Faces – 5

Edges – 8

Vertices – 5

The net for a pyramid with a square base consists of a square with triangles along its four edges.

Surface Area of a pyramid, SA = B + L Square units

The volume of a pyramid, V = ⅓ Bh Cubic units

## Frequently Asked Questions on 3D Shapes

### What is meant by 3D shape in Maths?

In Maths, three-dimensional shapes (3D shapes) are also called the solids, which have three-dimensions namely length, width and height. 3D shapes can include both polyhedrons and curved solids.

### What is the difference between 2D and 3D shapes?

Two-dimensional shapes are called flat shapes, which have only two dimensions called length and width, whereas 3D shapes are called solids, which has three-dimensions namely length, width, and height.

### Mention the properties of the 3D shape.

The three important properties of 3d shapes are faces, edges, and vertices. The face is called the flat surface of the solid, the edge is called the line segment where two faces meet, and the vertex is the point where two edges meet.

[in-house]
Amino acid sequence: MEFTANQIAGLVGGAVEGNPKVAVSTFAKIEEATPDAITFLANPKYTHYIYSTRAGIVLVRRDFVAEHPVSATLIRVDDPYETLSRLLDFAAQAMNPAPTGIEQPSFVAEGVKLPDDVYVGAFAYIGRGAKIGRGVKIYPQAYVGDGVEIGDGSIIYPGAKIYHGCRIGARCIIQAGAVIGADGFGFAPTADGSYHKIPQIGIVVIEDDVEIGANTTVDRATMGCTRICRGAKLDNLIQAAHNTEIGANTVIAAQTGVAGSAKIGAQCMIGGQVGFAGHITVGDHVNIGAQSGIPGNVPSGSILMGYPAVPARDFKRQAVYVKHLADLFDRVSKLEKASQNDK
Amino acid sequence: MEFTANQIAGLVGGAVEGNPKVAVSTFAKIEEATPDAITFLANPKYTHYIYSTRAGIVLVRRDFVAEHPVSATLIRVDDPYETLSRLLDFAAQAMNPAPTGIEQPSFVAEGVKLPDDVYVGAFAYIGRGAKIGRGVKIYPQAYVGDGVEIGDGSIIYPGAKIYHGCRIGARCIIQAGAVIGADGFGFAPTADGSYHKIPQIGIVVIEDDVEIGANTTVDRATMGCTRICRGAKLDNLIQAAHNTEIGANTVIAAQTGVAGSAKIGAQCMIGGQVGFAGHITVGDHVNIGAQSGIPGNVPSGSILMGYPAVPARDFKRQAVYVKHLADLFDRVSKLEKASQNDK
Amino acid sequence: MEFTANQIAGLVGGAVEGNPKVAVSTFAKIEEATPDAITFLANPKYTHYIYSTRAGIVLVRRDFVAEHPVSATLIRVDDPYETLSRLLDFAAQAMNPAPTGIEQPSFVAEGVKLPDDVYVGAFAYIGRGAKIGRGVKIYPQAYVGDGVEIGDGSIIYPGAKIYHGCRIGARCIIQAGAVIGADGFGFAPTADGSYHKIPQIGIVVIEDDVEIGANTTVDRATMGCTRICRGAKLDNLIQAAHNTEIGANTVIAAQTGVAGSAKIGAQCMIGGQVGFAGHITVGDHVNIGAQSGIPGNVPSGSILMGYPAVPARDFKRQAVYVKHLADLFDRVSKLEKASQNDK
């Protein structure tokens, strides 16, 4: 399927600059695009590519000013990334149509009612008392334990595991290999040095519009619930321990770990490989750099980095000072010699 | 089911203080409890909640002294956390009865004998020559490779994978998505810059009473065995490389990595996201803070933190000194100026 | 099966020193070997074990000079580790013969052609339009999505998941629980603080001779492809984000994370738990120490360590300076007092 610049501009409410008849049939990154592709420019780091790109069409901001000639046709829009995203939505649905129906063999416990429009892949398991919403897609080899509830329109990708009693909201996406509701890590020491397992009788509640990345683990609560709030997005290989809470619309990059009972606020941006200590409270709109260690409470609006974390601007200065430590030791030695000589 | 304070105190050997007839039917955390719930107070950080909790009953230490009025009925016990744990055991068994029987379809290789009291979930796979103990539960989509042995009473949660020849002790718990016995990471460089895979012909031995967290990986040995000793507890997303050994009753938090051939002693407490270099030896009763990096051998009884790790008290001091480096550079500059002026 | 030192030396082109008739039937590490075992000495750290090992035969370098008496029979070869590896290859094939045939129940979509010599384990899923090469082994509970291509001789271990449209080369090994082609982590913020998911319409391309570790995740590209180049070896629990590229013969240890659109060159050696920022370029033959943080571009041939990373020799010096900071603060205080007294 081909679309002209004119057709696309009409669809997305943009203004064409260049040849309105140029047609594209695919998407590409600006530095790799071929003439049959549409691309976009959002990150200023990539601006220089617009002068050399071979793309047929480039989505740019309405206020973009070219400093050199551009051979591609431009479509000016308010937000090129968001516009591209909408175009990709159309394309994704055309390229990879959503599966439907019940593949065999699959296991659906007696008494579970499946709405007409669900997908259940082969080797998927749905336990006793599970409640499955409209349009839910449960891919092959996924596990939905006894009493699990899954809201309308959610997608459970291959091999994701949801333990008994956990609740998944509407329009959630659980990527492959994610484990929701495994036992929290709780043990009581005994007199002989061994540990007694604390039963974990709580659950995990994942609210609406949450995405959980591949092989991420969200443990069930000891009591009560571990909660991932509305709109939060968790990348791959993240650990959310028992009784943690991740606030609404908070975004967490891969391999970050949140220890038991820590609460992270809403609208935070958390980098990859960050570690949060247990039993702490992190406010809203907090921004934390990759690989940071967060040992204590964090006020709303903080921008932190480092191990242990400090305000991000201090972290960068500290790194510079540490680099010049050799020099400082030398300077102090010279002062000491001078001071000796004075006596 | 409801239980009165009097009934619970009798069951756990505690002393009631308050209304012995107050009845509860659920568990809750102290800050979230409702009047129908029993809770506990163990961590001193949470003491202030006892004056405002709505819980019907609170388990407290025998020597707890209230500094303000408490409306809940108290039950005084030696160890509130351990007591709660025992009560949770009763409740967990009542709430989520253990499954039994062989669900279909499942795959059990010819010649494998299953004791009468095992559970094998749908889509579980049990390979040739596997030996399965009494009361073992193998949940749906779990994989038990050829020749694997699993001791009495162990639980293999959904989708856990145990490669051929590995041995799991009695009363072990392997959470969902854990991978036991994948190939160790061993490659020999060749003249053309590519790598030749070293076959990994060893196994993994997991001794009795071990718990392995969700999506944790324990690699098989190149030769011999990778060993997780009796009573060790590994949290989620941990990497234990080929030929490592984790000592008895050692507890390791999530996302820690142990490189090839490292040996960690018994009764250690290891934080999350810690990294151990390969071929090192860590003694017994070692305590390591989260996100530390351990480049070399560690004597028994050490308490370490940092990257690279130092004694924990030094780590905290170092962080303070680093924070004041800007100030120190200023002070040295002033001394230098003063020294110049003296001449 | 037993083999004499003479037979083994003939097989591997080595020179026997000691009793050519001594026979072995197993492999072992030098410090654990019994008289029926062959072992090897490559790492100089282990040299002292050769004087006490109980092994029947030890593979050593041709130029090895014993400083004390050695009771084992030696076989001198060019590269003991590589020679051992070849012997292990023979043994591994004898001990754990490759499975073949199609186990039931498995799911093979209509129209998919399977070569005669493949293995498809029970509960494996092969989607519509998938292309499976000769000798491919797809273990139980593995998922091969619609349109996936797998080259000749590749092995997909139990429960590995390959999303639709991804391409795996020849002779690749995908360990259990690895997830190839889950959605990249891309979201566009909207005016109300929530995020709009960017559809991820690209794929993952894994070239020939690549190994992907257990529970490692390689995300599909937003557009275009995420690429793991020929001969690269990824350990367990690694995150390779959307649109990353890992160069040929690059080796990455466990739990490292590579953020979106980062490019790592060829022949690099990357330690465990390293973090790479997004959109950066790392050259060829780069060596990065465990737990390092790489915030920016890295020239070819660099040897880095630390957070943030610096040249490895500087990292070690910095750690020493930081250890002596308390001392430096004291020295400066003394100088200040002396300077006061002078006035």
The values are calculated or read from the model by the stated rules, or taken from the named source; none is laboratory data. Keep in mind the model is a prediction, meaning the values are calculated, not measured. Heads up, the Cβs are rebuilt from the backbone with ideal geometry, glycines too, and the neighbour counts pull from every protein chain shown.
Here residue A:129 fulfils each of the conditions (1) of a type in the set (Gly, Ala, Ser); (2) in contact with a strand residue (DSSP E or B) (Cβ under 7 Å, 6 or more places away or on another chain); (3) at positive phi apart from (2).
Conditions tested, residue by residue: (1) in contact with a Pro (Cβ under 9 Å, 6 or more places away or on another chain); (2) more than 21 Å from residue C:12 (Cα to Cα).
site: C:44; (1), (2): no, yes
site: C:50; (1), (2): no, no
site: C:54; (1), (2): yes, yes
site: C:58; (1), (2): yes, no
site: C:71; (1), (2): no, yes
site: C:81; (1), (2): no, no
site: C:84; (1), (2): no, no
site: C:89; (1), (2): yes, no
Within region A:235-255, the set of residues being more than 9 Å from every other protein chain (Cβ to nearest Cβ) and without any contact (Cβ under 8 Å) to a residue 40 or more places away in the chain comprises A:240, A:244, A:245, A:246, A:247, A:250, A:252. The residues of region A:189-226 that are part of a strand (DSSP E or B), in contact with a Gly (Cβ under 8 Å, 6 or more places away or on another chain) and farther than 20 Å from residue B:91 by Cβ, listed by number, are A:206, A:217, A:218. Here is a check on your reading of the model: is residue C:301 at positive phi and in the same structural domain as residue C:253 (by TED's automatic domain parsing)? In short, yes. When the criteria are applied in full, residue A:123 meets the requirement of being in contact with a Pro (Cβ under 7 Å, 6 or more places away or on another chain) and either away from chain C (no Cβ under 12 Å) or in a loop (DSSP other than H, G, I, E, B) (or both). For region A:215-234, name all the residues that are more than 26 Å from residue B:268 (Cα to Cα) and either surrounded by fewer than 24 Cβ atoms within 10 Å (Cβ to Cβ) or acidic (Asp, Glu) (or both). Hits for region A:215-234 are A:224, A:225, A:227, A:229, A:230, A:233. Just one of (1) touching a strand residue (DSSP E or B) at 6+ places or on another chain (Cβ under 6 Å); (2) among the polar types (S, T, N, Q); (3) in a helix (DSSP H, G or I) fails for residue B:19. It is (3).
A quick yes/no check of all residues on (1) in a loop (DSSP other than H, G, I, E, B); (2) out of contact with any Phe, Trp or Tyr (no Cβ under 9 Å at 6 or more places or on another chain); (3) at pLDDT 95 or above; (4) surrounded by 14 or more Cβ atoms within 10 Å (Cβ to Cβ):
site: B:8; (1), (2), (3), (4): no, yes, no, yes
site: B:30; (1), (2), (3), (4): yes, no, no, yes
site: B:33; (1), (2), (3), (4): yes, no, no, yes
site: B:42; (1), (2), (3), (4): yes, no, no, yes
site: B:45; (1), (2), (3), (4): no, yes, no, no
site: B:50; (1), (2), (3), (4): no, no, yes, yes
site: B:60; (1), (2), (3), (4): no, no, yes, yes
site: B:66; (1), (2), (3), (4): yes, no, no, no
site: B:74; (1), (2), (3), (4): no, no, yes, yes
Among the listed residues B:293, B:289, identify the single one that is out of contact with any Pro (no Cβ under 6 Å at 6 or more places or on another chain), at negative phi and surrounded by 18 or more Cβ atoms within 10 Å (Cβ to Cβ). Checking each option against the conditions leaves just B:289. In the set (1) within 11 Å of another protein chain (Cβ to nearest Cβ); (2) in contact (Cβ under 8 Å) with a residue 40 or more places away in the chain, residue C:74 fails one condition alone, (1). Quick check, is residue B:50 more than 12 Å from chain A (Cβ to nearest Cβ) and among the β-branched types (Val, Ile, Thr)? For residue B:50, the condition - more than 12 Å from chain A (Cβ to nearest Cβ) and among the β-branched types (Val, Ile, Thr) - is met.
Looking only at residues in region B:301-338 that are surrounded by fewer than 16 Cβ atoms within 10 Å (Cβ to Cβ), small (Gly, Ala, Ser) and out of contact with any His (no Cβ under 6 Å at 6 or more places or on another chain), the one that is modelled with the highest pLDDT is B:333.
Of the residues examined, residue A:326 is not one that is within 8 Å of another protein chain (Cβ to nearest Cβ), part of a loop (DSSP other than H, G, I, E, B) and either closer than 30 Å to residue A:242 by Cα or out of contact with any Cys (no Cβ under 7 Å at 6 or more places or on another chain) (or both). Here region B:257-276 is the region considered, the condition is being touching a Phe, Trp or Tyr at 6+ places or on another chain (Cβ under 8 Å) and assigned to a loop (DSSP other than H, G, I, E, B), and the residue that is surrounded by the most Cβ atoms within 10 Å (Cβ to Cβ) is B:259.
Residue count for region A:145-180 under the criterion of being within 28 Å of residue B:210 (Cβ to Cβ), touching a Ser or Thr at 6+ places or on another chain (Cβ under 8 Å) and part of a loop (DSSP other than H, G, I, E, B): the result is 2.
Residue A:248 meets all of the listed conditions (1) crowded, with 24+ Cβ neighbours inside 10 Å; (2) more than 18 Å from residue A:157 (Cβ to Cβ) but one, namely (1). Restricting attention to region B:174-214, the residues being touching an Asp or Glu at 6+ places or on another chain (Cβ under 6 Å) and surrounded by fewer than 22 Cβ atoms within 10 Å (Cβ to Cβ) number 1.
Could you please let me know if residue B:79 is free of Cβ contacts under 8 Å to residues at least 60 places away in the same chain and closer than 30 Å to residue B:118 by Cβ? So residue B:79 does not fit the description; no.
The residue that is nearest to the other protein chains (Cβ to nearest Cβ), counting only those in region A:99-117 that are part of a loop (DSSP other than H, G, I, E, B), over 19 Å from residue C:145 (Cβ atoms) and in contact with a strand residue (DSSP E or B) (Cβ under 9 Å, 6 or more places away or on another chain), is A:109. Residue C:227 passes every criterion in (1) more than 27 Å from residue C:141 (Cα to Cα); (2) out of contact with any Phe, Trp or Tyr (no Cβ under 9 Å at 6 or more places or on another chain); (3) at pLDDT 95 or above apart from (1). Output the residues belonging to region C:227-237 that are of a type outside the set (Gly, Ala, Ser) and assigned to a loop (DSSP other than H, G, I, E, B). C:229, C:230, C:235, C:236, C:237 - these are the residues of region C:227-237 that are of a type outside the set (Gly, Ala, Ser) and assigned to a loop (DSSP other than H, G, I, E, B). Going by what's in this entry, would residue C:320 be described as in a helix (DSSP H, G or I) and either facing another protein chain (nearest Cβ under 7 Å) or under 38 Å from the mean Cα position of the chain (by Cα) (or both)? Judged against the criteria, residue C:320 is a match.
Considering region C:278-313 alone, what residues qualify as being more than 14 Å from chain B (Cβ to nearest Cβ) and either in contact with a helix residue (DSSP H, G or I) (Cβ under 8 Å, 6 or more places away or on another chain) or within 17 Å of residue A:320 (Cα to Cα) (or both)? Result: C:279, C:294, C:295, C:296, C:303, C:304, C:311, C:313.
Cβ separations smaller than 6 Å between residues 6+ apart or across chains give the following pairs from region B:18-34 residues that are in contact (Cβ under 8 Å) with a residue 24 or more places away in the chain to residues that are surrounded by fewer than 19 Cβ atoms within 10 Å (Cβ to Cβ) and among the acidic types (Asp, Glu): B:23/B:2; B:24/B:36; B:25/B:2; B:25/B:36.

### What is the 3D shape of a square?

The three-dimensional form of the square is called a cube, which has 6 faces, 8 vertices, and 12 edges.

### Write down the examples of 3D shapes?

Some of the examples of 3D shapes are cube, cuboid, cone, cylinder, sphere, pyramid, prism, and so on.

From the above discussion, students would be able to recognize the importance of shapes and forms to a great extent. Learn different types of shapes and their examples online at BYJU’S – The Learning App.